Back in Black
You might think I've waxed a little too poetic about the Midwest based on my last couple of posts. But that's going to change right now. Gather around, everyone. Get your mats and your bug juice and sit Indian-style in a circle. Newbie's gonna tell you a little story about why she left the Midwest:
On Friday night, while I was still in the Heartland, my middle sister, the big-shot working girl with her own office and file cabinet and three-hole punch, took me out to her favorite watering hole. (Clearly, it had to be Friday because she's too responsible to go out on a weekday.) It was a nice bar, and I say that unironically. Exposed-brick walls, new tile-and-stainless-steel bar, long tables for hanging with your crew (as it were), and an $8 all-you-can drink Coors Light special. As soon as the bartender told me that, I had a 10-spot on the table and a thirsty look in my eyes. He then set a giant white-plastic Coors pitcher/mug receptacle in front of me that was filled with beer. I looked around for someone to snicker about the mug with, but no one made eye contact. That's because it is not at all unusual to drink out of a giant white-plastic Coors pitcher/mug receptacle in the Midwest.
So drink it I did, and, similar to the visions people must have after consuming peyote, then saw written on the wall (well, more like a chalkboard) that it was karaoke night.
So I wowed the crowd with a little "Bette Davis Eyes" (yes, I'm bragging, but dammit, I'm good), and then I turned back to my second pitcher/mug receptacle of Coors Light. Only one other person had been singing karaoke that night: a large-ish man with a dark mustache and red T-shirt. He sang Metallica's "Turn the Page" first, but it sounded more like Bob Seger's version, and then he sang another lame country jam. (Natch; we are in the Midwest.) As I tried to enjoy my adult beverage and talk to my sister at the same time, Red Shirt Guy came up to me and said, "Are you going to sing another one?" "Ohhh, I don't know," I said, at this point far more interested in my pitcher/mug receptacle than anything else. Red Shirt Guy put his hands together in a mock prayer pose. "Please?" he said. "You have a great voice." I turned back to my Coors. After a few minutes, another pitcher/mug receptacle had been placed in front of me. I thought about doing another song, but the place's menu (songbook, for the uninitiated) sort of sucked. They didn't even have "Like a Prayer," for Pete's sake. Plus, for artists whose songs they should have had five or more of, like Journey, for example, they had one random tune that I had never heard of. I mean, what respectable karaoke establishment doesn't have "Don't Stop Believin'"?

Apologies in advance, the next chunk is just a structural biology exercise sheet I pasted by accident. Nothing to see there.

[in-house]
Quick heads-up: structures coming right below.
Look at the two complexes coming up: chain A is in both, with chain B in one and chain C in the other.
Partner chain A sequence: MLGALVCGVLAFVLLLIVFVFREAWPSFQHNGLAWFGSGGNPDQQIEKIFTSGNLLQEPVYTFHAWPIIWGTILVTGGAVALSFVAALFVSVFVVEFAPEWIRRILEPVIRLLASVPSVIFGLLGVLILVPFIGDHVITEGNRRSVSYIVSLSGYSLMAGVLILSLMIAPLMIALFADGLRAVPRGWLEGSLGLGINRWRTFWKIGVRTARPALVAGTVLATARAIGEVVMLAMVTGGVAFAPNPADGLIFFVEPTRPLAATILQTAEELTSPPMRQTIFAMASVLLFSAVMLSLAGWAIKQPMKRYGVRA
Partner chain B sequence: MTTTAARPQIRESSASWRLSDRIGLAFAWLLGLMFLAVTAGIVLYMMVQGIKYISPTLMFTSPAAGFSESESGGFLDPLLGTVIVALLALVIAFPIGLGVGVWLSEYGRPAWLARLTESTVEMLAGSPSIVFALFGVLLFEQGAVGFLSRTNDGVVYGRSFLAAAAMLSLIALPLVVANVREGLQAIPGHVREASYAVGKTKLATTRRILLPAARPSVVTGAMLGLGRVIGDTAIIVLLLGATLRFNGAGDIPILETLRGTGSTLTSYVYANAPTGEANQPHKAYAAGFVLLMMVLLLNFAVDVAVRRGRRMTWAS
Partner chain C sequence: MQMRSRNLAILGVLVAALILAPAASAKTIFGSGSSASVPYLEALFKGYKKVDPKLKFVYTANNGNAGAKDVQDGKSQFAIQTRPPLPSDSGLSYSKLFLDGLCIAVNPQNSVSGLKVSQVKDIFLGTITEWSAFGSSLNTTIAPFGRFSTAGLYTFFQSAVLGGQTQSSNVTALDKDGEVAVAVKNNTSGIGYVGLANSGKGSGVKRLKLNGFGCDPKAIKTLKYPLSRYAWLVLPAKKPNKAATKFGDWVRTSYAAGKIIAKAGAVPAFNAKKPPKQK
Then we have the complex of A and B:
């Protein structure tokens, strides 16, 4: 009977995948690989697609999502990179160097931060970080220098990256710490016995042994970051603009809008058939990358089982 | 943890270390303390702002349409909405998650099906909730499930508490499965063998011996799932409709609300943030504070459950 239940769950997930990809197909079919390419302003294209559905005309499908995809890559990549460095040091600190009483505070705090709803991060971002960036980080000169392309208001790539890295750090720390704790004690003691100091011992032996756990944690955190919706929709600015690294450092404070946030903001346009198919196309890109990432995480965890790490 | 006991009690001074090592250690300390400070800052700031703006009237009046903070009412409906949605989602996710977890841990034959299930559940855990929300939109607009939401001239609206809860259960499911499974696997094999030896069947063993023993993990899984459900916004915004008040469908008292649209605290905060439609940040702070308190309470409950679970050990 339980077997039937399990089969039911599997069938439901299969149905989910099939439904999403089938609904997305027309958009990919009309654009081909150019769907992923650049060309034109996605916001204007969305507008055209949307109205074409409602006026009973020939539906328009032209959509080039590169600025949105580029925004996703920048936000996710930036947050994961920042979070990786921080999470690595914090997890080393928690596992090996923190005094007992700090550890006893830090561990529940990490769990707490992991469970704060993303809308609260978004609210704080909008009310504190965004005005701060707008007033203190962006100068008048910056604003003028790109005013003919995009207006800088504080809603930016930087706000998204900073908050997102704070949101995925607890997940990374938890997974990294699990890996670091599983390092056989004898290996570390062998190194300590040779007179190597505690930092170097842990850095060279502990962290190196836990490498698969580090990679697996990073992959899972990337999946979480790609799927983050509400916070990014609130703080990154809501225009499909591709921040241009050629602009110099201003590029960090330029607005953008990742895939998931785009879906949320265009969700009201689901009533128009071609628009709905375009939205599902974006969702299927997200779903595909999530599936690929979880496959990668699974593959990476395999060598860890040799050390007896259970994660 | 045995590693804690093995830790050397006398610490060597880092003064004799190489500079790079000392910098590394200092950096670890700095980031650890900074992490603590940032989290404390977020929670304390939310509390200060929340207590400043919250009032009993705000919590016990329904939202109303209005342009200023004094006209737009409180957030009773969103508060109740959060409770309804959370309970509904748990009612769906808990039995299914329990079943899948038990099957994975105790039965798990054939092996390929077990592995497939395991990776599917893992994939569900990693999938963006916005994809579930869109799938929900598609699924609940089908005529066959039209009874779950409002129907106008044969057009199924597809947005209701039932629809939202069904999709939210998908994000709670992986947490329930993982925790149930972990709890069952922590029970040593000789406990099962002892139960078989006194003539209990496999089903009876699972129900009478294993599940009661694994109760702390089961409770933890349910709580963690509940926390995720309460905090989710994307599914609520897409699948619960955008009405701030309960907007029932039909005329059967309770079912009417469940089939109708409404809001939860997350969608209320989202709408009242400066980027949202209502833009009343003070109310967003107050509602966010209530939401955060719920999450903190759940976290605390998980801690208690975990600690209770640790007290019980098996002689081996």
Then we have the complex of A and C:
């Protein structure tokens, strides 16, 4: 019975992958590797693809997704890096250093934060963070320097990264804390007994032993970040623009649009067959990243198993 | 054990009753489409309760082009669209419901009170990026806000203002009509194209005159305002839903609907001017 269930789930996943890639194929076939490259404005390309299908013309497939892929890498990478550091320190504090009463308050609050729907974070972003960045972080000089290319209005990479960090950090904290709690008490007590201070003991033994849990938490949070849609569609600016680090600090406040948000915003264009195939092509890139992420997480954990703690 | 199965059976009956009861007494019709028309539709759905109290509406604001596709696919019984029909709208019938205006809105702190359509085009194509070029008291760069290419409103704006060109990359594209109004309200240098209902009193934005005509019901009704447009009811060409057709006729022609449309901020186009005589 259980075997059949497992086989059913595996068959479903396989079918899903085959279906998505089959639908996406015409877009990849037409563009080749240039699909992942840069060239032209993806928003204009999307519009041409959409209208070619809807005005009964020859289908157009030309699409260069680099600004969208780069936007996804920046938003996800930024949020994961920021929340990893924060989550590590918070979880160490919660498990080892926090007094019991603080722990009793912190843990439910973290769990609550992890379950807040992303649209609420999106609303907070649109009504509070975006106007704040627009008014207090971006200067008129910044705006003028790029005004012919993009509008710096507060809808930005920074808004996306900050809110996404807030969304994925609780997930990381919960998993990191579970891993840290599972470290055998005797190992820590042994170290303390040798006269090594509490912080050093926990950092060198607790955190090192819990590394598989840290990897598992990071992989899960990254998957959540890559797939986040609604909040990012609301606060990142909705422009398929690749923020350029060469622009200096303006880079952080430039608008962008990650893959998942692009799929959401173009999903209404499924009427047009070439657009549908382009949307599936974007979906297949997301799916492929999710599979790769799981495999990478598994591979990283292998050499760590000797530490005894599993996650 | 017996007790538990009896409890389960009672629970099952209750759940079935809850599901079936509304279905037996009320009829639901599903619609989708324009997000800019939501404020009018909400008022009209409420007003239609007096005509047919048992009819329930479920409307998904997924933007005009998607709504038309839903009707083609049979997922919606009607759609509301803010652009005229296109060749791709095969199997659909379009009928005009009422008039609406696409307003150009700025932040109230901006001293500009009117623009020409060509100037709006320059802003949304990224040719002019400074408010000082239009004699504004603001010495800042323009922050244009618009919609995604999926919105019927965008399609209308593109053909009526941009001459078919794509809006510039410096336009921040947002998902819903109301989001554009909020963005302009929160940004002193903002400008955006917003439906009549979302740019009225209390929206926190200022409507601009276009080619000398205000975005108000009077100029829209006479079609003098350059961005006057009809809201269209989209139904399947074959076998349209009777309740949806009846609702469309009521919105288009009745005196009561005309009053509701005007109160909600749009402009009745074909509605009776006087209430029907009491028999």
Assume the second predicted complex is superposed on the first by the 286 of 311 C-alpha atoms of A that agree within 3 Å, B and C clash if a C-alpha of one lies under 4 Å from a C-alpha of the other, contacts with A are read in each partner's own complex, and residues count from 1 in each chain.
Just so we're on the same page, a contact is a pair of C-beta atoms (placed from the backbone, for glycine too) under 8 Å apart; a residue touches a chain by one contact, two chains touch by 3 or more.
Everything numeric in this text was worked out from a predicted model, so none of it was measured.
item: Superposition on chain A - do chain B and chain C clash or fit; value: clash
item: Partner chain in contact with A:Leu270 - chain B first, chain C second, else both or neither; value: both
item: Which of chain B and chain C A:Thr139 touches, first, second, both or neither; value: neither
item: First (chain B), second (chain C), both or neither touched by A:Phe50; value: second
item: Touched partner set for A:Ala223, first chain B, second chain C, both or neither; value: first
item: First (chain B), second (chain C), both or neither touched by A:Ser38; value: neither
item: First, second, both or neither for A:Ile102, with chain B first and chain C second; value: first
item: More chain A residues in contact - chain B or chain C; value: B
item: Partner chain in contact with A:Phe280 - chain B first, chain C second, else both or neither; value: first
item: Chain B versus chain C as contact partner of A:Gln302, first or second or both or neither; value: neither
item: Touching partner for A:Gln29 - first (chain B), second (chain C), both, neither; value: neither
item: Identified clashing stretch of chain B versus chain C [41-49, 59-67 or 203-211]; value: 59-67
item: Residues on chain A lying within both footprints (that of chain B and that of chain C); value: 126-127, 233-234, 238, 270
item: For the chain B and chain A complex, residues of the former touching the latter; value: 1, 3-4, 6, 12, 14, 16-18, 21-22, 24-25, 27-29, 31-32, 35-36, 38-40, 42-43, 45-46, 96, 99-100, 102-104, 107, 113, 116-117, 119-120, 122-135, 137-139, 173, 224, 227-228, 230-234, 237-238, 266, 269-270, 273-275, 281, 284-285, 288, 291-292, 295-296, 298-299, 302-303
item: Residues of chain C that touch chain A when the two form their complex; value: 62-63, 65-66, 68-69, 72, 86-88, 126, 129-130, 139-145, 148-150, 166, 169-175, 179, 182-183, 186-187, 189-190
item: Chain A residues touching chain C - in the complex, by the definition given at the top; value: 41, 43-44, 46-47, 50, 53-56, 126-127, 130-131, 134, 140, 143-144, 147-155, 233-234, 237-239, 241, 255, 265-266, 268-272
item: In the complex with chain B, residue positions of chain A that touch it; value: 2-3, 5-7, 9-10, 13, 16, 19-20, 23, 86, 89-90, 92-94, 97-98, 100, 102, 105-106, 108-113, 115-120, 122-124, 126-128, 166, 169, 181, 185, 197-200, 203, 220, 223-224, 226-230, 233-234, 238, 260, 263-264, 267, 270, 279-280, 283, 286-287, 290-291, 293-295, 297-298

As I contemplated singing another one, I thought of George Costanza in "Seinfeld." "Go out on a high note," my brain said. "They loved your first one. Don't do another one. You have to stay number one in their eyes!" It was at this point that I should have listened to my inner George. But the Coors felt differently. If the Coors had had its way completely, I would have hopped on the lap of the goateed post-college burnout sitting on the next barstool and asked him to take me to the nearest NASCAR race. But instead the Coors settled for me singing Christina Aguilera's "What a Girl Wants." Good song. Really. Unless you're in a Midwest bar with college students and a cut-rate karaoke machine.